So there I was on Beachy Head. To be honest I prefer the bit just down the road near the Belle Tout lighthouse but none the less, 200 foot of blazing white sheer cliffs do somewhat capture the imagination. I wandered up and down a bit and took a few photographs, then realised I was a bit cold and it was time to go home, so I sat down and started fiddling with my satnav to plot a route home.
"Hello!" said a voice, and I looked up. It was a gent in a red t-shirt that I had seen chatting to another pair of people a little while earlier. I thought perhaps a tour guide or something. Either way, not a mass murderer or a pervert so I decided to be friendly to him.
"Hello!" I replied cheerfully and smiled.
"Ah well that smile tells me you probably AREN’T typing out a final farewell by text" he said and smiled back, "but just in case…I’m a chaplain, is there anything you want to talk to me talk about". There wasn’t, but my wide-eyed "Oh wow" caused him to laugh and sit down beside me. Or perhaps this was just his sneaky way to check that I wasn’t kidding him and I really wasn’t about to top myself. I quickly showed him my satnav.
"No really, look. I was working out a way home", then I thought and quickly added "And I mean a way *home* and not a way, you know (making a falling over the cliff edge gesture, then pointing heavenwards) not HOME". He stifled a laugh and we got talking.
I was genuinely surprised and very impressed that there was a constant patrol along the cliff edge. It was a sad fact that yes, Beachy Head is renowned for suicide cases but I was agog that it merited this level of security. But he told me that Beachy Head is officially the number 2 suicide spot in the world.
"What’s Number 1?" I asked, wondering if my inquisitiveness was a little bit in poor taste, though he didn’t seem appalled by my interest. It seemed that Mount Fuji is number 1. The Japanese believe it’s better to die a honourable death than live a dishonourable life so culturally, they are more inclined to suicide anyway, and Mount Fuji is the best spot on their turf. The extra macabre bit is that there is forest below the drop point, and the authorities only clear it out once a year.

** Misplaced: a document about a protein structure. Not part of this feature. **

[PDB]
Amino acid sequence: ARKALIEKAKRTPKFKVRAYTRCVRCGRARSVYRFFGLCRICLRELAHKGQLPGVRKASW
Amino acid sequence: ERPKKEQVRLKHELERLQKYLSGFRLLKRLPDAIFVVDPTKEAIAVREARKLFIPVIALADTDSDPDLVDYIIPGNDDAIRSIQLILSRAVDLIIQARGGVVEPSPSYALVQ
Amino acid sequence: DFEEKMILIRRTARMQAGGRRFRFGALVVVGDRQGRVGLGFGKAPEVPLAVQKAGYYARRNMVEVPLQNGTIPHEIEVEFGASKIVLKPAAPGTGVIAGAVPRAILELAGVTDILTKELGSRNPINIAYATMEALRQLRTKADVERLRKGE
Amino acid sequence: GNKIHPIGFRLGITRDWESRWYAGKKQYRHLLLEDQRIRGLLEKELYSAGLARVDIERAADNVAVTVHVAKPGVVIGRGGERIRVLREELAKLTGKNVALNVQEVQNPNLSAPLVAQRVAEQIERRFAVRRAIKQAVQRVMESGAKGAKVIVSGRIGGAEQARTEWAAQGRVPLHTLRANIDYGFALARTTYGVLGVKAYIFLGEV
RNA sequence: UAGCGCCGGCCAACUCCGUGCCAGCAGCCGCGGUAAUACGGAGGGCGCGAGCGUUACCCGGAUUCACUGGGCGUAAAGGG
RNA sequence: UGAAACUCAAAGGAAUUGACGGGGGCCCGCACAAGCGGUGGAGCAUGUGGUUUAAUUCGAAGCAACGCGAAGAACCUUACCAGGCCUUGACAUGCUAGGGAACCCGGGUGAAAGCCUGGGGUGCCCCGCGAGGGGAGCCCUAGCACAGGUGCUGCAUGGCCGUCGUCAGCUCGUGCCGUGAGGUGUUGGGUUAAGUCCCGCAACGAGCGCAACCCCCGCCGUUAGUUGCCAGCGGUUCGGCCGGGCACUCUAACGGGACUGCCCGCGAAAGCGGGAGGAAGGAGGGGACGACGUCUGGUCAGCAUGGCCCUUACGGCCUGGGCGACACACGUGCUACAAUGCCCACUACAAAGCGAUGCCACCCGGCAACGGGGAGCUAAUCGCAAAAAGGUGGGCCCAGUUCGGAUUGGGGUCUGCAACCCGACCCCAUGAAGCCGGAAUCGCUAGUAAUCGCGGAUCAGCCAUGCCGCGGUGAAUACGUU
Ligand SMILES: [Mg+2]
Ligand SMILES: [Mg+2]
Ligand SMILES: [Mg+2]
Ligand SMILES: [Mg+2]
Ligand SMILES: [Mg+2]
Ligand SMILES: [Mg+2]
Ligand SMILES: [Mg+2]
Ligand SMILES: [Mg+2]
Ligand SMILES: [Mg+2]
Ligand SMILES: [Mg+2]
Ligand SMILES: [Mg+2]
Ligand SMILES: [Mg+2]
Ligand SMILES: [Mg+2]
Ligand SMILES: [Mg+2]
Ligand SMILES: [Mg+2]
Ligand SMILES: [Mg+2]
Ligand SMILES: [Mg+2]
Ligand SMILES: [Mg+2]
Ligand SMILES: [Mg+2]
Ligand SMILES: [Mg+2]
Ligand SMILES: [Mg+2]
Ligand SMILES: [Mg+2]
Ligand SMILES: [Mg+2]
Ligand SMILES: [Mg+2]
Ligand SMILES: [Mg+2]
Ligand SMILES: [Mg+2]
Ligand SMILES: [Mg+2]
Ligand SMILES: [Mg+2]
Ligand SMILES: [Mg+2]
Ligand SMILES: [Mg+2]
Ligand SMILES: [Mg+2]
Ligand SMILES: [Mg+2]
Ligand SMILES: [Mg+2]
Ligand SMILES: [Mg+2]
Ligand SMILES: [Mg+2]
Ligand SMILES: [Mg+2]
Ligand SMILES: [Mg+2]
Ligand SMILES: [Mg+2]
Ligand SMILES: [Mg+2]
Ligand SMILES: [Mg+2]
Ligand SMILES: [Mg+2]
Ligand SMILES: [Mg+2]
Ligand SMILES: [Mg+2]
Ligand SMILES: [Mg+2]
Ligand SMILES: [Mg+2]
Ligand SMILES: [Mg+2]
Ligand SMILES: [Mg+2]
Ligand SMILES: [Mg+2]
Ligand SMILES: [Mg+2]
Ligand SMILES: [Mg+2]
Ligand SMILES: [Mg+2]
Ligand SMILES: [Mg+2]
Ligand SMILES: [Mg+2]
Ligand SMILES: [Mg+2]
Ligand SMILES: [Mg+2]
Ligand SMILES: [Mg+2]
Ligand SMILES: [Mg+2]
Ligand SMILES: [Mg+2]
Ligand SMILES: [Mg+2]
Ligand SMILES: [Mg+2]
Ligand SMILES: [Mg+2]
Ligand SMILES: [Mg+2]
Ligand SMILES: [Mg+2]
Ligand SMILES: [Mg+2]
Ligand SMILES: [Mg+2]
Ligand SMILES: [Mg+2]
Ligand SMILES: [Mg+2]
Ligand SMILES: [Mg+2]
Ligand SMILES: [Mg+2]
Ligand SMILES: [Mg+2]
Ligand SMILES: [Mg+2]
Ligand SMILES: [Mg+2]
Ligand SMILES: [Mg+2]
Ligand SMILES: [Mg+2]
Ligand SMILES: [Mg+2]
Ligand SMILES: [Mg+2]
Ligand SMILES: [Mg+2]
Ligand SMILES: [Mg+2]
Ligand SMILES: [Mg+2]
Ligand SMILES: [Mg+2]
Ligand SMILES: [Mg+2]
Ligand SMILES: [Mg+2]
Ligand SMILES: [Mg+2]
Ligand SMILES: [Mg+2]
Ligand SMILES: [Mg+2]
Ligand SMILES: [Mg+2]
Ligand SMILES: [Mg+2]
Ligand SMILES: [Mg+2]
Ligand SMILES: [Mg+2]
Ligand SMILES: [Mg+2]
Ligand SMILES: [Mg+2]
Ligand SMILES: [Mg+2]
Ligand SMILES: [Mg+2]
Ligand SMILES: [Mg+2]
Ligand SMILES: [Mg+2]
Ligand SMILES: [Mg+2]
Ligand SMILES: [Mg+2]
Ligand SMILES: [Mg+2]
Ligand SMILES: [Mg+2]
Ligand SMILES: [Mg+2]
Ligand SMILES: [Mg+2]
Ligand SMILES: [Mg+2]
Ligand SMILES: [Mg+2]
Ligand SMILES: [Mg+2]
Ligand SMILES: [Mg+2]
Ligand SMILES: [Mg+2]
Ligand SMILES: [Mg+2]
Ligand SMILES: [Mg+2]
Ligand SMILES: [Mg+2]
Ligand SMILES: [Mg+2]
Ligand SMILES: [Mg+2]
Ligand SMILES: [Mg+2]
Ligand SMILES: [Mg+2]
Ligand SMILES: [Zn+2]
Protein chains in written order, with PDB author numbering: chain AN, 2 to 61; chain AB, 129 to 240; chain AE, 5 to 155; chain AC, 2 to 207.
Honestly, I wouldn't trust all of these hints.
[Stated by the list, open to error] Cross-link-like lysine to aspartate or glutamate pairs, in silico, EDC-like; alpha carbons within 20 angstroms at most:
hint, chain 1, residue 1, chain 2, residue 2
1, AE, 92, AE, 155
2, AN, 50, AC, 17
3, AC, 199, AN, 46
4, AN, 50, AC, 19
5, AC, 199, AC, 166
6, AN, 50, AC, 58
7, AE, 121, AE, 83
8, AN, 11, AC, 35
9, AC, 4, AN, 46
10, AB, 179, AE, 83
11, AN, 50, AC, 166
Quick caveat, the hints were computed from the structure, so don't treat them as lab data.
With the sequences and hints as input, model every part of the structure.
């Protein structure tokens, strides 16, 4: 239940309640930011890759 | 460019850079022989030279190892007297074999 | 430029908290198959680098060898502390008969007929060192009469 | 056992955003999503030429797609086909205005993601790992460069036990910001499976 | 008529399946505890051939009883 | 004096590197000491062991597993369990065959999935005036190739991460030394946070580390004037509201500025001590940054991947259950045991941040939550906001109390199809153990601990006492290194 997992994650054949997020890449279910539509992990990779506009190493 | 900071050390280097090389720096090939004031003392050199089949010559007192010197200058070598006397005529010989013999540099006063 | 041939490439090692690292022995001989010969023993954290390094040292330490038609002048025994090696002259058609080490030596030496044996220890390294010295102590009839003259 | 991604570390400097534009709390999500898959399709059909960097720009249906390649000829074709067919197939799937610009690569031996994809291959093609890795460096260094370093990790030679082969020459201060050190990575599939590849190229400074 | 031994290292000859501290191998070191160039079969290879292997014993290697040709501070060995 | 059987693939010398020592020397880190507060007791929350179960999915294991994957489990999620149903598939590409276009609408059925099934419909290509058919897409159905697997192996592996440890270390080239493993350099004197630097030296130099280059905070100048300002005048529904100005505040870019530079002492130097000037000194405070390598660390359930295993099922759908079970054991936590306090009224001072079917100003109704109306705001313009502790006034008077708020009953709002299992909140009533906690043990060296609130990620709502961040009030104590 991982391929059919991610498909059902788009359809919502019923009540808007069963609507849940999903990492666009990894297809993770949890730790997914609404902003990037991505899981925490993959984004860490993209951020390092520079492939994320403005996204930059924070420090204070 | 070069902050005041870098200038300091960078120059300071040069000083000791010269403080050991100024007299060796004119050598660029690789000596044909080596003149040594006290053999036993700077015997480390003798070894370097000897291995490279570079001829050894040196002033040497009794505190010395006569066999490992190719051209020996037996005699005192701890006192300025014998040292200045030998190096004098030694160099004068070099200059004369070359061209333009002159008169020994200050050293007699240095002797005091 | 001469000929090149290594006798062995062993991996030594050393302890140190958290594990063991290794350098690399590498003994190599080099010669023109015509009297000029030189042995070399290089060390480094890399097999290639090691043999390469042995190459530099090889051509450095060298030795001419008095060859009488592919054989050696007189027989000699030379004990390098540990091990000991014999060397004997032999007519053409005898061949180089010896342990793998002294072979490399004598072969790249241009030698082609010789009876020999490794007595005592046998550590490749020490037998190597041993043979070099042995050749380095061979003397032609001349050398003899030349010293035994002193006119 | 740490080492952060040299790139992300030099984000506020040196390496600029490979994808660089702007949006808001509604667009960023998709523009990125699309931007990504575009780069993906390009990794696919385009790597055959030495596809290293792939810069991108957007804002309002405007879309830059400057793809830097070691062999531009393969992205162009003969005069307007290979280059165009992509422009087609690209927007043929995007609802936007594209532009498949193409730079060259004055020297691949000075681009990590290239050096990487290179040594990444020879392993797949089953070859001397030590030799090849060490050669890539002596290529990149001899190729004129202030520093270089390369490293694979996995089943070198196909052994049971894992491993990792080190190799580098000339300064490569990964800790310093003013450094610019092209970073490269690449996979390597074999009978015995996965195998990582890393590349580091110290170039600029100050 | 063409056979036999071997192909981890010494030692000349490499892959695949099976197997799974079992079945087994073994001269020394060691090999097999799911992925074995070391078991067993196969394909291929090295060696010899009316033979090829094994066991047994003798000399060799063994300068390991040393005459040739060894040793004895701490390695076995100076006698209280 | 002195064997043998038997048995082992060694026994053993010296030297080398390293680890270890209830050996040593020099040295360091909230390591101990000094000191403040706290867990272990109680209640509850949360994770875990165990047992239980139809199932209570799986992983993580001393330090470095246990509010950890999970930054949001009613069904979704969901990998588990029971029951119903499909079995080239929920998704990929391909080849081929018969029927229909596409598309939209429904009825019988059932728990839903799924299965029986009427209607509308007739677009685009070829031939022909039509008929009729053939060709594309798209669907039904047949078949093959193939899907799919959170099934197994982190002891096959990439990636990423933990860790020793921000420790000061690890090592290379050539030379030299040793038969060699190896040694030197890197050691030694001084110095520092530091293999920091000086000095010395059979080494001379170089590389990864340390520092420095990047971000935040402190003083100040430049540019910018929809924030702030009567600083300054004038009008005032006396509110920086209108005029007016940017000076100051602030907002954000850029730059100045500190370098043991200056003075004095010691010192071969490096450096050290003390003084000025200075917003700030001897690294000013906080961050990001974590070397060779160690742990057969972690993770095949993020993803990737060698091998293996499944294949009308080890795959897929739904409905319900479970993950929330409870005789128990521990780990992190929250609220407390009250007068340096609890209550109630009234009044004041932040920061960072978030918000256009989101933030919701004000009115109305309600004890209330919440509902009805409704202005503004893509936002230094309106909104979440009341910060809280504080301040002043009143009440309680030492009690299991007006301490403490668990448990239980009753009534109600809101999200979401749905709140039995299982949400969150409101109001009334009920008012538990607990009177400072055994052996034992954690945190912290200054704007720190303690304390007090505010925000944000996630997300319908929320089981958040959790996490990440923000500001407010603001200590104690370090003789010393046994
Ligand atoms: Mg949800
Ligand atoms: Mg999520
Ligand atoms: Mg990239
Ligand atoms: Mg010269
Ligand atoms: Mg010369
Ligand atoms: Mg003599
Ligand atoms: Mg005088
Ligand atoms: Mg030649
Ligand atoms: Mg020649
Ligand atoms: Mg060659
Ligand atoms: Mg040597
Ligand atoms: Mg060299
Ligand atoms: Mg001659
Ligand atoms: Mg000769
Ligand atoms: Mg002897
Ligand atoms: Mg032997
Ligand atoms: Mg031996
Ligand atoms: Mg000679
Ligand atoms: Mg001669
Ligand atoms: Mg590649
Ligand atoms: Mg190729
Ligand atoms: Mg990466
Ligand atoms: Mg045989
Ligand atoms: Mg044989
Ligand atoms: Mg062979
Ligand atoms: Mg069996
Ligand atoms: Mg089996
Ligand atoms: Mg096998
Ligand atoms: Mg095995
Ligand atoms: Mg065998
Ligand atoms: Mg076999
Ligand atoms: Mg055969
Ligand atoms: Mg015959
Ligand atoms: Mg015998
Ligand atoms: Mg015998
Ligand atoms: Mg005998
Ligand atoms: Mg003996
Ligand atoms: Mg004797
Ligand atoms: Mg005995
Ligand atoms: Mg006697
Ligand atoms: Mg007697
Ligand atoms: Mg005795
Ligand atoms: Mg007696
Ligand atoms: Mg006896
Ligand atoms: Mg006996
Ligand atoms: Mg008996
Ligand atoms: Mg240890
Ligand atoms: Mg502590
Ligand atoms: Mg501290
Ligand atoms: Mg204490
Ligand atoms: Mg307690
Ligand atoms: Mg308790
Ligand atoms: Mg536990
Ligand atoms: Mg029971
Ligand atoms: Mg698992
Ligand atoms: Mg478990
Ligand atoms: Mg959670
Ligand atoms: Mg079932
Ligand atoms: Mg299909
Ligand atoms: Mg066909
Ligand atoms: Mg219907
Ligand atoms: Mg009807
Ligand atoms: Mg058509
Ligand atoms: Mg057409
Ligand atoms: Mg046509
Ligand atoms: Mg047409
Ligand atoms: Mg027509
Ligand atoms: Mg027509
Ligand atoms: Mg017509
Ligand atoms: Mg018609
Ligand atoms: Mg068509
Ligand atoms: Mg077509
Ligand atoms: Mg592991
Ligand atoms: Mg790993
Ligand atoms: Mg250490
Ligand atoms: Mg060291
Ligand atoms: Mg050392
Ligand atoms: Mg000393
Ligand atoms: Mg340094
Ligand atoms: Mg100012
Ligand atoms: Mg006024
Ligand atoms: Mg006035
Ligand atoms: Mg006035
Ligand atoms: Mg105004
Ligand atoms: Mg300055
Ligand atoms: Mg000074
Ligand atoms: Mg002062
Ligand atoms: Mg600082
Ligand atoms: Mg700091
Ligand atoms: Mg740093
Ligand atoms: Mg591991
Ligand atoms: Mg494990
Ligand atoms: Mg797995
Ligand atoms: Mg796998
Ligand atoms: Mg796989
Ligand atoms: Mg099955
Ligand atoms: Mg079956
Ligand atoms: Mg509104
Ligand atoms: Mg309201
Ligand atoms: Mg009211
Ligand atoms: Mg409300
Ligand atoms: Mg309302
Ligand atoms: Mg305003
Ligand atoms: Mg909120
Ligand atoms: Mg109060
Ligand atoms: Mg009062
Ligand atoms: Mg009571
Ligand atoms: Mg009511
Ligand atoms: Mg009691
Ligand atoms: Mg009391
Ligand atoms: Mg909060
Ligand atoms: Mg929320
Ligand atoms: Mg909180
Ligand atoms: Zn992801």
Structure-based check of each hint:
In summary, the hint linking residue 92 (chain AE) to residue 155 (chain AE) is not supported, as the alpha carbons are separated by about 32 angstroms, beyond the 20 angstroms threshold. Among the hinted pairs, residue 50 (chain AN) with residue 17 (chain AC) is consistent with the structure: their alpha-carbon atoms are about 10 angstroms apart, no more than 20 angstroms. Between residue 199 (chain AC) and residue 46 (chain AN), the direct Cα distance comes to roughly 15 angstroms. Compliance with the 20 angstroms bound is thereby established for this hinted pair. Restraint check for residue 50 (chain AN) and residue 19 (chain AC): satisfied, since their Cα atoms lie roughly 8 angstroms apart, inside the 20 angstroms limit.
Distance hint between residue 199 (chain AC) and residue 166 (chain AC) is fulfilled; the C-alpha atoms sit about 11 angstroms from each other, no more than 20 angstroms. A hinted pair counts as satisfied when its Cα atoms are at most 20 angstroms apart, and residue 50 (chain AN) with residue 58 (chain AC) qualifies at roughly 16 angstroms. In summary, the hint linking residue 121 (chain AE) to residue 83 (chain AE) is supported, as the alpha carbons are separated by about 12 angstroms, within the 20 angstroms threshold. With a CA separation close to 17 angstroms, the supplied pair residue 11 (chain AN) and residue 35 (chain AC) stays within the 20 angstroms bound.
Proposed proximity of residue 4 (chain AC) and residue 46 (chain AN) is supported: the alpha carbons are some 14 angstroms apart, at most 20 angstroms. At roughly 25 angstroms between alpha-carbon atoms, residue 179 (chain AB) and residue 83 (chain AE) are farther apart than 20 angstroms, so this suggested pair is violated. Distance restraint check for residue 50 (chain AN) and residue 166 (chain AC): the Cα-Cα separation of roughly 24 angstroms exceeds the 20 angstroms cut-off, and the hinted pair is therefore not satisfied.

"Can you imagine if they did that here?" said the chaplain and I put my hand to my face, genuinely horrified.
On Beachy Head they do indeed have 24 hour suicide patrol, performed by a small team of chaplains who work with air and sea rescue and the police, as well as responding to tip offs from the public. There are a staggering 700 ‘incidents’ a year, and he said that last year there had been around 300 genuine suicide attempts (i.e. where they had to talk someone off a cliff top). So that’s more or less one every other day with extras around Christmas. Which is a very sad thought.
Trying to lighten the mood a little, we switched topics to boots. He put me down as a walker because of my big serious looking hiking boots, though he admonished me for letting them crack and not waxing them regularly. He put in a lot of walking hours, touring the cliffs day and night, and I could see where he was going with this because his boots were sparkling and shiny.
"My Dad was in the army and he taught me how to wax boots properly. As soon as I get in every night I polish them, and they say you will probably replace the soles three times before you need to replace the uppers". He had flat feet, so coupled with the long hours walking he did, he treated his feet well and got his boots from a company in Italy who handmade them and adapted them for his wide and low arched feet. And looked after them properly clearly, unlike me.
After his army upbringing, he had worked in Finance for 30 years but then he had had The Calling. He had wanted to be a priest but learnt that he was too old. Or more specifically, he applied to be a priest and the church had faffed around for 3 years during which time he passed the age limit of 55, which pissed him off and which I thought was a little off too because (even though I’m not religious myself), surely it had been God who had decided he should go and work for him so what place had a bunch of God’s civil servants to tell him he couldn’t because he was too old. Surely there is no age limit to doing good deeds. Either way, he was philosophical about it. Being turned away from that profession had meant he’d been around when an opportunity had come up at Beachy Head and as he said,
"And isn’t this a better way of doing God’s work than working as a vicar somewhere preaching sermons". I completely agreed.